116 3rd St SE
Cedar Rapids, Iowa 52401
As a Gazette reader you don’t need reminders of the challenges Iowans and other Homo sapiens have helped create for us, other species, and our home planet.
Some challenges require resources individuals don’t have — billions of dollars, heavy equipment, or inventions not yet imagined.
Other challenges we cannot only address but turn into win-win-win accomplishments.
Erin Jordan’s article about the St. Andrew Lutheran Church’s “grow not mow” project (Sept. 28) (partnered with Feed Iowa First), followed that day by the White House Conference on Hunger, Nutrition, and Health got me thinking.
Remember the story of a young couple preparing a meal for their extended family? Questioned why they cut the turkey in half, they explained that’s what the wife’s mother did. When the mother arrived, she explained that’s what Grandma did. A phone call to Grandma solved the mystery. Her oven was too small for the roasting pan.
Our species has been surrounding homes with acres of grass for over 600 years. Why? Because our English ancestors did. Why did they? The number of human laborers required to trim grass without a mower made it what Thorstein Veblen called “conspicuous consumption” — evidence of their elite status.
Immigrants to America brought the idea of lawns and the seeds to grow them. Industrialization introduced the lawn mower. Suburbs provided the acreages. And now 40 million acres of America are lawn — our largest irrigated crop.
Meanwhile, over 20 million Americans are drinking unsafe water, while nine billion gallons of clean water flows over the grass daily, chemicals flow into the rivers, lawn mowers pollute the air, and hours of homeowners’ labor are consumed.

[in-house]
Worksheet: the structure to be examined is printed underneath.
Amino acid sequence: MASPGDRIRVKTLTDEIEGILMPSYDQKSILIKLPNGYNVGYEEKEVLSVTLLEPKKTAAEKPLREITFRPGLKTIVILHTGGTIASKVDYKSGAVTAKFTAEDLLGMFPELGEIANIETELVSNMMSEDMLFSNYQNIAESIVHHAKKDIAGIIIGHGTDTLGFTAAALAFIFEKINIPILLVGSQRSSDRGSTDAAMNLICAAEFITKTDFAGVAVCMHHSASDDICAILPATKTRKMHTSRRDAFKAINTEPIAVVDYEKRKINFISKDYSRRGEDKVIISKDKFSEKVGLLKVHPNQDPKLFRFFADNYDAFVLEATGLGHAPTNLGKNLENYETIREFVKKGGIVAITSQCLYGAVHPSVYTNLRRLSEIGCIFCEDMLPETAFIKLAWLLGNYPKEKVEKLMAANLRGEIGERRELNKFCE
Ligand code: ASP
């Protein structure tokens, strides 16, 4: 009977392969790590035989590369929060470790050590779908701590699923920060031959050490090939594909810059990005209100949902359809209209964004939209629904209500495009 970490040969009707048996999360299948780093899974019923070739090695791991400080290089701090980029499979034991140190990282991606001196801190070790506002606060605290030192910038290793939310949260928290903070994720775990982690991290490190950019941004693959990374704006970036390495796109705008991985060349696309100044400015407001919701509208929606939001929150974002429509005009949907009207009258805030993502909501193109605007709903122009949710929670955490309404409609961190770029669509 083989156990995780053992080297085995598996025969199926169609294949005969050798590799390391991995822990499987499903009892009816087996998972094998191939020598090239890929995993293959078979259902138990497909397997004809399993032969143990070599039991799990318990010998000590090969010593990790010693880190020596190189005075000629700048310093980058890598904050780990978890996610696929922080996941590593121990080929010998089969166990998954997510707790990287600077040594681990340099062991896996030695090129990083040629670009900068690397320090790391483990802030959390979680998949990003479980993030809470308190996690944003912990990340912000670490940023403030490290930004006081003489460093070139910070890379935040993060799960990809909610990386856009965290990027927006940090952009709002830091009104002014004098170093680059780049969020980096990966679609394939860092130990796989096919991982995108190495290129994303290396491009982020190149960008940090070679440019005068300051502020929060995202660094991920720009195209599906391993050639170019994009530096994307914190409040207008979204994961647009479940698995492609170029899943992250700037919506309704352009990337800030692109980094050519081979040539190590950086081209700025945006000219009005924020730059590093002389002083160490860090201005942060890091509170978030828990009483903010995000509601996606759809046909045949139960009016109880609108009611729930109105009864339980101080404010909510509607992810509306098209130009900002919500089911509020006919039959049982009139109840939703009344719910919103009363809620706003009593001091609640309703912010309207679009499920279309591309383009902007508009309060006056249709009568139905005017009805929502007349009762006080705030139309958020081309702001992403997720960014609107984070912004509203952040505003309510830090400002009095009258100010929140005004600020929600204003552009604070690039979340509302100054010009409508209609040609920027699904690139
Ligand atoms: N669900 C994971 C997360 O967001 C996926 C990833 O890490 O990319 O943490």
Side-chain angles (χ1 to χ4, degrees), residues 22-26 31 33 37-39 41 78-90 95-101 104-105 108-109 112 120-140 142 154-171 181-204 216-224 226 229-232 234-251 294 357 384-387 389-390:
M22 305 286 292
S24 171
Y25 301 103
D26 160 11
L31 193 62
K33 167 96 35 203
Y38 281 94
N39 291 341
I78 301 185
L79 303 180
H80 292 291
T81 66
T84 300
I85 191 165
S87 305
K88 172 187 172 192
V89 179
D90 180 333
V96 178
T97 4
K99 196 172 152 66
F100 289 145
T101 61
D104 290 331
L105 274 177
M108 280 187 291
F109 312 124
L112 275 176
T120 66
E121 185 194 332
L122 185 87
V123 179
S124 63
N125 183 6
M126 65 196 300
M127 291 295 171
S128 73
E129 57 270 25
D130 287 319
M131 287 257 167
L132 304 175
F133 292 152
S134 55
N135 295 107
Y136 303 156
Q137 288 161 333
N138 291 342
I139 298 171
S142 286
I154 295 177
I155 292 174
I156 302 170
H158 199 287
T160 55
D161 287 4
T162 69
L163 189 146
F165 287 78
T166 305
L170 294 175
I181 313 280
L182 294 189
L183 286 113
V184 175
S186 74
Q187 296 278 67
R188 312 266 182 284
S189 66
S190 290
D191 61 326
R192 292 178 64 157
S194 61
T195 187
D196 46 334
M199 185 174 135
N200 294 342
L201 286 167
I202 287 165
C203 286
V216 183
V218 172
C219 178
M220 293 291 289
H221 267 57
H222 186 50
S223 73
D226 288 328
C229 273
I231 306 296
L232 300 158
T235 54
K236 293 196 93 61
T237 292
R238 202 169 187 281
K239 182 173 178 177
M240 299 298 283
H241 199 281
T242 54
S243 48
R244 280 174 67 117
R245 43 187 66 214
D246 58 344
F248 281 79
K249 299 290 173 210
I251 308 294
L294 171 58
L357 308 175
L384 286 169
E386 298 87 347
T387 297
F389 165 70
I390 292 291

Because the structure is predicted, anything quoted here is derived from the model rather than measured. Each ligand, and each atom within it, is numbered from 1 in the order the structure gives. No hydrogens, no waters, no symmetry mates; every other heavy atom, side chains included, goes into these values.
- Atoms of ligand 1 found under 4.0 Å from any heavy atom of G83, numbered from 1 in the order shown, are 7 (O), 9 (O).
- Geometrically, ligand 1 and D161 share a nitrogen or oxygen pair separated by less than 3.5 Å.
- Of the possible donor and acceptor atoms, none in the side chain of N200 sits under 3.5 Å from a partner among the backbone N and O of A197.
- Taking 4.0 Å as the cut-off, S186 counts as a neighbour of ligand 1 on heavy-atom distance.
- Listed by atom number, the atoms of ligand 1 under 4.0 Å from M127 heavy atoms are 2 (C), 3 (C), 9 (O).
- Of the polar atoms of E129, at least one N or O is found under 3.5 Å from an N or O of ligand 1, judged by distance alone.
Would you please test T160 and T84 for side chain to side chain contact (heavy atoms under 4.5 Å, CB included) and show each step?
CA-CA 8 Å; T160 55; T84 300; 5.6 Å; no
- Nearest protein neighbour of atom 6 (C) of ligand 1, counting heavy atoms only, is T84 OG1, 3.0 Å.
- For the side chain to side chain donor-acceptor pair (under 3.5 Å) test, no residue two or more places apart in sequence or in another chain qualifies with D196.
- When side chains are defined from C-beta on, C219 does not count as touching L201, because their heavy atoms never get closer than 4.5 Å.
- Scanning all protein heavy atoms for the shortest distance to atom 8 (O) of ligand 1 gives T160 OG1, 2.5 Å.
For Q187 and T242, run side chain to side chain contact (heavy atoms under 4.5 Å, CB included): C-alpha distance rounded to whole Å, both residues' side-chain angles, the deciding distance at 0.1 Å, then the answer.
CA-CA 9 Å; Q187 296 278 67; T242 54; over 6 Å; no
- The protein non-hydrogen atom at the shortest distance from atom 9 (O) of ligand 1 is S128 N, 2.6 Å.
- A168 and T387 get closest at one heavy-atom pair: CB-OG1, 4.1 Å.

A Chinese friend of ours, on her first trip here, asked why homes grew grass instead of food. Cedar Rapids Lutherans apparently asked the same question. The result? Healthy food, including 5,000 pounds of tomatoes for distribution centers.
What the White House Conference reminded us is that “food” is more than calories. Insufficient calories can lead to food insecurity, hunger, and starvation when there’s “too much month at the end of the money.”
But “food” is also (or fails to be) “nutrition.” Healthy food from the produce department is as much “medicine” as pills from the pharmacy department. Yet nearly half of the world’s people cannot afford or get access to it.
Half of Americans have Type 2 diabetes or prediabetes; 42 percent are obese. Better nutrition can increase longevity, strengthen immune systems, lower risks of diabetes, heart disease, and obesity, while lowering health care costs.
Turning some of those 40 million acres of grass into gardens around our homes won’t solve America’s health and hunger challenges. But it sure would help. Help feed Iowans healthy food, save drinking water, reduce pollution from lawn mowers and drives to grocery stores, cut health care costs, give us more years of quality life, hours of leisure time, gardening exercise, and some very tasty, cheaper meals.
Nicholas Johnson served as co-director of the Iowa Institute of Health, Behavior and Environmental Policy. email@example.com